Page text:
5 Outdoor Walking Workouts

There are times when you do not feel like exercising, but you know you need to. Walking is an excellent option that provides the same advantages as vigorous exercise. It enhances the immune system, reduces the resting heart rate, promotes cardiovascular health, and prevents chronic illnesses. There are several other advantages of walking, and the greatest thing is that you do not need any special equipment or a personal trainer to start. Alternate between these 5 different outdoor walking exercises to obtain optimal results:

Power Walking: Power walking is all about speed and arm mobility. When you just have a few minutes to spare, power walking is a fantastic strategy to quickly burn calories if performed properly. The most crucial part of power walking is to go from heel to toe with each stride while pumping your arms. This will allow you to take as many steps as possible, maximizing your caloric expenditure. You can power walk wherever is most convenient. If you don’t have time to gear up against the cold, take a brisk stroll around the house!

Walking Uphill: If you are short on time, climbing stairs or walking uphill are effective aerobic exercises that also build your thighs, glutes, and calves. Incline walking may be better on your joints than quicker walking on level ground or downhill walking, particularly if you are overweight or obese. Hill and stair walking are typically safe forms of exercise. Avoid it, though, if you have knee or hip difficulties. This more intense exercise might worsen these issues.

Interval Walking: Interval walking employs brief bursts at a faster pace to help you burn calories and increase your heart rate, making it a fantastic choice for people attempting to lose weight. You need at least 20 to 30 minutes to maximize the benefits of an interval walking exercise.

Commence with a 5-minute warm-up. Start at a slow speed and gradually increase it to a moderate one. Then, start your first minute-long burst. Quickly transition from heel to toe while launching each stride with vigor. Return to a moderate speed for three minutes after one minute. Repeat these intervals a few times and conclude with a five-minute walk at a moderate speed to cool down.

Brisk Walking: A brisk walk is around 3 miles per hour, which is quicker than a stroll.

How quick is sufficient?

A target of around 100 steps per minute may be appropriate, although your mileage may vary.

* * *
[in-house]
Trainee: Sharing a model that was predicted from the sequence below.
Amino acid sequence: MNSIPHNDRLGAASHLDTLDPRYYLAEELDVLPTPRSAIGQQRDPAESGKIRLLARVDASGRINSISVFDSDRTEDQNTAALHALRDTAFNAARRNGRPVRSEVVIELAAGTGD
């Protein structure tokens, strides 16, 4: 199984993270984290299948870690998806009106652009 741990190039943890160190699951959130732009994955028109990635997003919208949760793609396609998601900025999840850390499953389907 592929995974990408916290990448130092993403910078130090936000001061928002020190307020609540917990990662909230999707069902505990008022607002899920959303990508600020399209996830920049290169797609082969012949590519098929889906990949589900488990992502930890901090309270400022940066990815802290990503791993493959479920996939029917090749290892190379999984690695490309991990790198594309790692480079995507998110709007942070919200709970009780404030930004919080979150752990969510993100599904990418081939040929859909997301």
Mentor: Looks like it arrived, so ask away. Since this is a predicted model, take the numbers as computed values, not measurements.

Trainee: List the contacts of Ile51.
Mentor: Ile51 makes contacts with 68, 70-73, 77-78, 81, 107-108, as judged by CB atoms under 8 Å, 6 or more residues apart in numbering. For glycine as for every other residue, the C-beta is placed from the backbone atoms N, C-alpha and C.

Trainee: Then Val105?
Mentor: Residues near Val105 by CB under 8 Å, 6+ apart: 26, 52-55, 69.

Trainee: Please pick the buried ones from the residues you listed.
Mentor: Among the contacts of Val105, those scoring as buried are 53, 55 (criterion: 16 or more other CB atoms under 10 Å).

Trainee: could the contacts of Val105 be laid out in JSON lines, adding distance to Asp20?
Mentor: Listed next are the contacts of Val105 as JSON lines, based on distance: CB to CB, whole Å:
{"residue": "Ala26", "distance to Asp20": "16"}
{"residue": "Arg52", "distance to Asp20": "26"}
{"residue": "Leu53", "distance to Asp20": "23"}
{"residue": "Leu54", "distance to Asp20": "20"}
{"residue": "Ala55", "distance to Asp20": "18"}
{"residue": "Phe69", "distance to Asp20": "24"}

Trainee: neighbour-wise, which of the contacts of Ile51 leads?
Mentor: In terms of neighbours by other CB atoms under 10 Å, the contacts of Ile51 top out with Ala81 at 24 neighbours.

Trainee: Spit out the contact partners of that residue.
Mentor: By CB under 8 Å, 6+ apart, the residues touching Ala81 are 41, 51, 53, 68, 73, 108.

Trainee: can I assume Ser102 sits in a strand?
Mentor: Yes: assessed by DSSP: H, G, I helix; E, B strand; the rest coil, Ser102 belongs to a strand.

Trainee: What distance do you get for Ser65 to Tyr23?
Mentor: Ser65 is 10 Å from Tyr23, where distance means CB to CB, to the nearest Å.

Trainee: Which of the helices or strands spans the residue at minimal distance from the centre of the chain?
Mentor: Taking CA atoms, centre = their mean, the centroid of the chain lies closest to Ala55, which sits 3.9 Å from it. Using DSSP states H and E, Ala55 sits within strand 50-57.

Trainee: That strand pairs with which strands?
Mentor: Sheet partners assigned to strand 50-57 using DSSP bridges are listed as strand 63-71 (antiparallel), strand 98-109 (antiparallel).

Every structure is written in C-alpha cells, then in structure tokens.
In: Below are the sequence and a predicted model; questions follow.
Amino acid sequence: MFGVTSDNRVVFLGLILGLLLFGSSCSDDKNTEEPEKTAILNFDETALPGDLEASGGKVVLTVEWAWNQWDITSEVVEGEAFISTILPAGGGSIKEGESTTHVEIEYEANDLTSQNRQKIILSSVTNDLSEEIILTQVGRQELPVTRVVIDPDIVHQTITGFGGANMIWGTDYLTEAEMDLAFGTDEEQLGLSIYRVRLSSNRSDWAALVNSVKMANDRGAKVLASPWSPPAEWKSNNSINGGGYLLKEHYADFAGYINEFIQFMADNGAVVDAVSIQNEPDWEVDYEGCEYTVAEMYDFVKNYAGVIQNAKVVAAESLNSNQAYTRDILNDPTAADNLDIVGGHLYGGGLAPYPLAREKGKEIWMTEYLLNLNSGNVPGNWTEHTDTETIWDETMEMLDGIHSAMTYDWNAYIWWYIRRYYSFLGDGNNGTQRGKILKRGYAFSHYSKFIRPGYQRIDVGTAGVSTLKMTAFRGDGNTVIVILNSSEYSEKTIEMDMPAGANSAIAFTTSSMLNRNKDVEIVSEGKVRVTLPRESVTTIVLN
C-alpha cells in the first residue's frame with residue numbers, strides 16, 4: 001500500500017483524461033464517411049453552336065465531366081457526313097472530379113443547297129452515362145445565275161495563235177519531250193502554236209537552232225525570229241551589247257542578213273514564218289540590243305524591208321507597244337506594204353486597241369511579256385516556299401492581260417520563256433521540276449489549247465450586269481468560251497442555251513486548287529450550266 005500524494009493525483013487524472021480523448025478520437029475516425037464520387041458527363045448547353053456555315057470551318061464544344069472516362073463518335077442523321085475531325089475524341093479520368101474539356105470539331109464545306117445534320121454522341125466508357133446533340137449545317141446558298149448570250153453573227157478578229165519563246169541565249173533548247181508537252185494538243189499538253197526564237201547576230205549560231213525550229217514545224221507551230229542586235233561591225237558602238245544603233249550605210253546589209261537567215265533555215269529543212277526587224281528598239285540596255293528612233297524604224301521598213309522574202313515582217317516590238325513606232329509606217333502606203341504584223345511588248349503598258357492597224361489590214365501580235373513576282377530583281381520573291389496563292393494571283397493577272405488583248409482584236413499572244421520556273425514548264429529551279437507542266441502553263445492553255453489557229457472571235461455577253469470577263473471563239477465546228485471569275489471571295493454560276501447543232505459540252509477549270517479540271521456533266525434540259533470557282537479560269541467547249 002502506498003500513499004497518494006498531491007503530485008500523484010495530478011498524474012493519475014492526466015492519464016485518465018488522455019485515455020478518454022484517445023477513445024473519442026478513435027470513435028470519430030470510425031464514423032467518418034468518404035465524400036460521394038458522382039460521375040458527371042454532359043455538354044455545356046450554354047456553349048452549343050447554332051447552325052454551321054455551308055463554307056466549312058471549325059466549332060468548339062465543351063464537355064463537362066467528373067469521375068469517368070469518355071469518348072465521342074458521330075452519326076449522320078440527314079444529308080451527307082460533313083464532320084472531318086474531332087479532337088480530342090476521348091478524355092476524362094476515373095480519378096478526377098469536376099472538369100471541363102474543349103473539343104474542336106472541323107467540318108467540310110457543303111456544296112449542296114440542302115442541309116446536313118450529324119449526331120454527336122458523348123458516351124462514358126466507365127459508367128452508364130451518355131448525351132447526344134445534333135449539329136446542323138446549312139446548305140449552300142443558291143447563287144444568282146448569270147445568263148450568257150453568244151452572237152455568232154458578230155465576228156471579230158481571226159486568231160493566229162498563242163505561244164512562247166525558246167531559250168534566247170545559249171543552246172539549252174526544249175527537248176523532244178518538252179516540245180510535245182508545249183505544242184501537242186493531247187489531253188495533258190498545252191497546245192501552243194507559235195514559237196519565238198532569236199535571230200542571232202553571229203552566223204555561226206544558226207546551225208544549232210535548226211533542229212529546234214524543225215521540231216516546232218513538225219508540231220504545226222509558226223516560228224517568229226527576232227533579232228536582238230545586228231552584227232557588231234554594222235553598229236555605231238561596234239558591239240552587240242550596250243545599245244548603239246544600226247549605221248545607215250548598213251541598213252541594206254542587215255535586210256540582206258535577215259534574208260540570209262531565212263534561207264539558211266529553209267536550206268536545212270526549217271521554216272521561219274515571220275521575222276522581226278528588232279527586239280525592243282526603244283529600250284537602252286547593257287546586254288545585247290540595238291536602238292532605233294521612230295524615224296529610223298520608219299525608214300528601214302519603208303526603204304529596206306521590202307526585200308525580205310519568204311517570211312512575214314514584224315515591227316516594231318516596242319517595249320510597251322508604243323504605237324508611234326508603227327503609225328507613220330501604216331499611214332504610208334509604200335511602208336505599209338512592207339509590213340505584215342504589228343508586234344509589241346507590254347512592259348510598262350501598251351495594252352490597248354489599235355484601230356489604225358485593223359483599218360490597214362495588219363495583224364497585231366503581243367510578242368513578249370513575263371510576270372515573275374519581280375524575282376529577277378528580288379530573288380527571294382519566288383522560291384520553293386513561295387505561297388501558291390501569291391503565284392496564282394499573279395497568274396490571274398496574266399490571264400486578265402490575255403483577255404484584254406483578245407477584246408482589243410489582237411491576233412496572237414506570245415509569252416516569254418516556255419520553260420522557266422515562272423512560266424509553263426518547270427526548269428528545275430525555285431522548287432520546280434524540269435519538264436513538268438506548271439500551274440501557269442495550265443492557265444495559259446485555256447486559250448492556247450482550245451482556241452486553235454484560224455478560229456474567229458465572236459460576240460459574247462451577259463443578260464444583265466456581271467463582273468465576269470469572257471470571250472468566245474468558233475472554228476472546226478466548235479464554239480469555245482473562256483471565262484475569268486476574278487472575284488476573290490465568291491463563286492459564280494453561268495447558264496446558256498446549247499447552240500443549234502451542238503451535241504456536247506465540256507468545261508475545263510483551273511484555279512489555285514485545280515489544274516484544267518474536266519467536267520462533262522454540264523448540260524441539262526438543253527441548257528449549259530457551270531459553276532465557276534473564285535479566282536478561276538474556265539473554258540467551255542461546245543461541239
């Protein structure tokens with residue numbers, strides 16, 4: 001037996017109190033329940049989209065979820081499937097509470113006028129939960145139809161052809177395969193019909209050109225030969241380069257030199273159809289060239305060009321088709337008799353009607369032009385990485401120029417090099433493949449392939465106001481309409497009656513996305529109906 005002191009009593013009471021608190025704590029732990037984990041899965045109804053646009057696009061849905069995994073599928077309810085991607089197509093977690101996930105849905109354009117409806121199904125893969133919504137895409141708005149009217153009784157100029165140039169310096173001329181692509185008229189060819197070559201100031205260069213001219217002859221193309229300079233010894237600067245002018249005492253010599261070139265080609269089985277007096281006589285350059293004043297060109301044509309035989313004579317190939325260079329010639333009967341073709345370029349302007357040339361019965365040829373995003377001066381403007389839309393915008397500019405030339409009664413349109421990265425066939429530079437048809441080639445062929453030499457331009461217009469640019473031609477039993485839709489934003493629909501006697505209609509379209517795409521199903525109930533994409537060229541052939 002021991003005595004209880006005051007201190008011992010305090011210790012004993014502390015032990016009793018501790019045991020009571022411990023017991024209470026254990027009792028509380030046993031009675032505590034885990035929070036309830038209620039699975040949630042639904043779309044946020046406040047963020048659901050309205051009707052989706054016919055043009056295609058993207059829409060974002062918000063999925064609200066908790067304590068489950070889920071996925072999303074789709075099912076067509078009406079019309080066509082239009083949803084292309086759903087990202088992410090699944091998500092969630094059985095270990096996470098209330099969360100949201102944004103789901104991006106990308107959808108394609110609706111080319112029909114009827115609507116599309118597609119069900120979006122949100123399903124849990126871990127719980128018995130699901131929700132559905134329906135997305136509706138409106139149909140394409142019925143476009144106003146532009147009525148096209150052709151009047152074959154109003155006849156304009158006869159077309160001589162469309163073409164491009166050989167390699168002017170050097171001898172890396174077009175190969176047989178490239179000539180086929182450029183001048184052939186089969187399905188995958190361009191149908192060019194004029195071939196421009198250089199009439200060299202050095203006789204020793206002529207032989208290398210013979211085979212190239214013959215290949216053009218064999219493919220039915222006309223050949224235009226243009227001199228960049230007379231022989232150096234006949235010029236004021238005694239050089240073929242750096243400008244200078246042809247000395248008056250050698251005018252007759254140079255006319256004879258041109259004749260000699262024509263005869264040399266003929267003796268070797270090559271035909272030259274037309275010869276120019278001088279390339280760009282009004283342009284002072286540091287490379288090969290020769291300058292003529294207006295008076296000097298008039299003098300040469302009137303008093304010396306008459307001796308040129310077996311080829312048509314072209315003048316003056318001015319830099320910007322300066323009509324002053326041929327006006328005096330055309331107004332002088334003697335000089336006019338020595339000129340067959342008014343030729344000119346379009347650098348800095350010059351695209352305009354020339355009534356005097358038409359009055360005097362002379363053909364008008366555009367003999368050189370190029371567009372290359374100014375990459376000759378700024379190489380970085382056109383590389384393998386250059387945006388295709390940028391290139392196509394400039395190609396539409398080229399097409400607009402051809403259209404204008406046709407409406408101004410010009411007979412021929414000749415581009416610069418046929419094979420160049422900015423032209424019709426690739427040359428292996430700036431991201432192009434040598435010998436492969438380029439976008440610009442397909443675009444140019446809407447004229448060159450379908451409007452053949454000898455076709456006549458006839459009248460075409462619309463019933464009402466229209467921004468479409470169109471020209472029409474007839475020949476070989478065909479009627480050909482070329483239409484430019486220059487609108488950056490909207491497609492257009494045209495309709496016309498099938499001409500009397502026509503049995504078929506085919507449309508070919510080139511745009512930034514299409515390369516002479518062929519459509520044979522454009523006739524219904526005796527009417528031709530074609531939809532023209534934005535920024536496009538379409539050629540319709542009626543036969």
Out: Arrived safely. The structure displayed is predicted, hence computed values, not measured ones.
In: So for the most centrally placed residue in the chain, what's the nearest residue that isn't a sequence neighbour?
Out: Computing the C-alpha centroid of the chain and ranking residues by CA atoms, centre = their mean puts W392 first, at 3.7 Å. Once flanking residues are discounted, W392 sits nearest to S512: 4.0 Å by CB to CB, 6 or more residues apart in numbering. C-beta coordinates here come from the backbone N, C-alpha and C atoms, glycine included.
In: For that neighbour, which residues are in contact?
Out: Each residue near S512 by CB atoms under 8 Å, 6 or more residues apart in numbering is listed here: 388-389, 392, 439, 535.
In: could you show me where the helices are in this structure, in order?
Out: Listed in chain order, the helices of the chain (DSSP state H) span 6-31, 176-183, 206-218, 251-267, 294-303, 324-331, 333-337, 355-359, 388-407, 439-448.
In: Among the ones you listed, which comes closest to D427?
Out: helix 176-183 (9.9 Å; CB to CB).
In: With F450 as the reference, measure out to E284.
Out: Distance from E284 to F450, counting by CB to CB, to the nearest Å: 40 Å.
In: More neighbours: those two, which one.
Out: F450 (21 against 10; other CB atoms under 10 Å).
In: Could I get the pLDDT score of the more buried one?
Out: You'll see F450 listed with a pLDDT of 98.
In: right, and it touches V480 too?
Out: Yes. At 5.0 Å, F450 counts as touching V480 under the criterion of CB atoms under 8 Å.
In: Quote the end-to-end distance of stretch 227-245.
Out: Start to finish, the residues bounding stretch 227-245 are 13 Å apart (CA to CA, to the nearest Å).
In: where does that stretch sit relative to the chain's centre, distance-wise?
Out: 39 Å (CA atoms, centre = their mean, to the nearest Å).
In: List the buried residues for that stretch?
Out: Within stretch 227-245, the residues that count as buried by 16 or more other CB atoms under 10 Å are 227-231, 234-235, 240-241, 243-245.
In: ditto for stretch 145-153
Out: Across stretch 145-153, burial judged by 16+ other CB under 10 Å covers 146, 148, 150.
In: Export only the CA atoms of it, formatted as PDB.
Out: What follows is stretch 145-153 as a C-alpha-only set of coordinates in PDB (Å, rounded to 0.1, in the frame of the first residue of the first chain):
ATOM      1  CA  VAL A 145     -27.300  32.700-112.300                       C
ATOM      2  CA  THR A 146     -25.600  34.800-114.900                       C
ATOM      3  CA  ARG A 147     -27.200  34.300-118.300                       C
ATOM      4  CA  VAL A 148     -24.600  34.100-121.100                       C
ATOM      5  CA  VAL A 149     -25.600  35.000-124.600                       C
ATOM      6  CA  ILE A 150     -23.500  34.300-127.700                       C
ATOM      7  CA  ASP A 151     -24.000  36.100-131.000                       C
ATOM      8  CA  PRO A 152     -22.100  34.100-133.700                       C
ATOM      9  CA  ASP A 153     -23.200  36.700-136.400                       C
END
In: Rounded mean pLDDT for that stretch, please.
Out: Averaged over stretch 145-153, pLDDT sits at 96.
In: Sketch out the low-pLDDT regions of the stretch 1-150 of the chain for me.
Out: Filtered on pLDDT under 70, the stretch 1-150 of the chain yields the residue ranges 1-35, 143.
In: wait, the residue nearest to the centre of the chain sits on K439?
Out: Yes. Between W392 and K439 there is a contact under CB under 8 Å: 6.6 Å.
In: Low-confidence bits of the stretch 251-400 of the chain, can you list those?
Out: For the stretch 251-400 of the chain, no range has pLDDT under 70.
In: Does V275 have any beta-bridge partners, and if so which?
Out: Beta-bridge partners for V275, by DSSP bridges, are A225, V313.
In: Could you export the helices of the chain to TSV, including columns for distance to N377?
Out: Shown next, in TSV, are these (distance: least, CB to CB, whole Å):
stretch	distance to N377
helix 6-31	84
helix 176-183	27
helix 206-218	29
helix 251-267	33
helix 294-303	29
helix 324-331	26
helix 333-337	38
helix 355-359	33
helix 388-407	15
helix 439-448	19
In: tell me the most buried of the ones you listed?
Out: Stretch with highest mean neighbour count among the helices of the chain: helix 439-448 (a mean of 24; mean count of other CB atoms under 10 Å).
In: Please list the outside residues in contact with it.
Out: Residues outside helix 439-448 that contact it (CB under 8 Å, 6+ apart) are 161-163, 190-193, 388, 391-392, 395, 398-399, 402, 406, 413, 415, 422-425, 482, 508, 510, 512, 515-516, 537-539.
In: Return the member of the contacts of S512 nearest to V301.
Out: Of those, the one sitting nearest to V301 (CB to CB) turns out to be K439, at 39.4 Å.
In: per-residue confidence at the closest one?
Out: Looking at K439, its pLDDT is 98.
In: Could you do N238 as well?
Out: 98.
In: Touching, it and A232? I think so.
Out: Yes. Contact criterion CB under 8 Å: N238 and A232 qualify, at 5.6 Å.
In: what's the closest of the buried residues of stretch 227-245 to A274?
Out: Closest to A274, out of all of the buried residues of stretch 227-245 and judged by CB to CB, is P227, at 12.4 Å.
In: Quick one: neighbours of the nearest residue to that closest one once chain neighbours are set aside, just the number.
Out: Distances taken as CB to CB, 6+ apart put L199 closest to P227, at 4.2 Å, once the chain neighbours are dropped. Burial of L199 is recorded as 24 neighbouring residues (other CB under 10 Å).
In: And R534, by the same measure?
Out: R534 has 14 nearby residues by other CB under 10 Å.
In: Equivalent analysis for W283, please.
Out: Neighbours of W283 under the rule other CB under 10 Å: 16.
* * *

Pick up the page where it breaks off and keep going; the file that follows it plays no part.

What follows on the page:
If you can still speak but cannot sing, you are walking quickly.

You might also use a smartphone app that alerts you when you’re walking too slowly and provides strategies to increase your walking speed.

The glutes, quadriceps, hamstrings, calves, and hip adductors are strengthened by alternating between regular and brisk walking. Your body will get stronger, and your cardio will improve with time, allowing you to walk faster for longer distances.

Intermittent Walking

Here’s how to complete the exercise:

  • Warm-up by walking at a comfortable pace for 5 to 10 minutes.
  • For one minute, walk quickly.
  • Walk at a regular speed for 1 minute.
  • Continue the sequence for thirty minutes.

As your fitness improves, increase the duration of your brisk walking to 5 minutes while retaining the 1-minute rest interval. Walking at a rate of 3.5 miles per hour will burn over 300 calories per hour for the typical individual; thus, alternating between normal and fast walking can burn fat and carbs while improving cardiovascular health.

The increased blood flow to the brain caused by fast walking can boost brain fitness and cognitive performance, enabling you to receive the mental advantages of decreased stress and anxiety, enhanced mood, and enhanced memory.

Additionally, alternating between fast and slow walking can help you prepare for more demanding types of exercise, such as running and lengthy walks.

Before you begin

Any comfortable footwear that has enough support and does not create blisters will suffice.

If you’re walking to work, you may wear your typical work attire with a pair of comfortable shoes and then change shoes once you are there.

You may wish to carry a small bag with water, nutritious foods, an extra shirt, sunscreen, and a sun hat for extended hikes.

If you begin frequently taking longer walks, you may choose to get a waterproof jacket and specialized walking shoes for more difficult routes.


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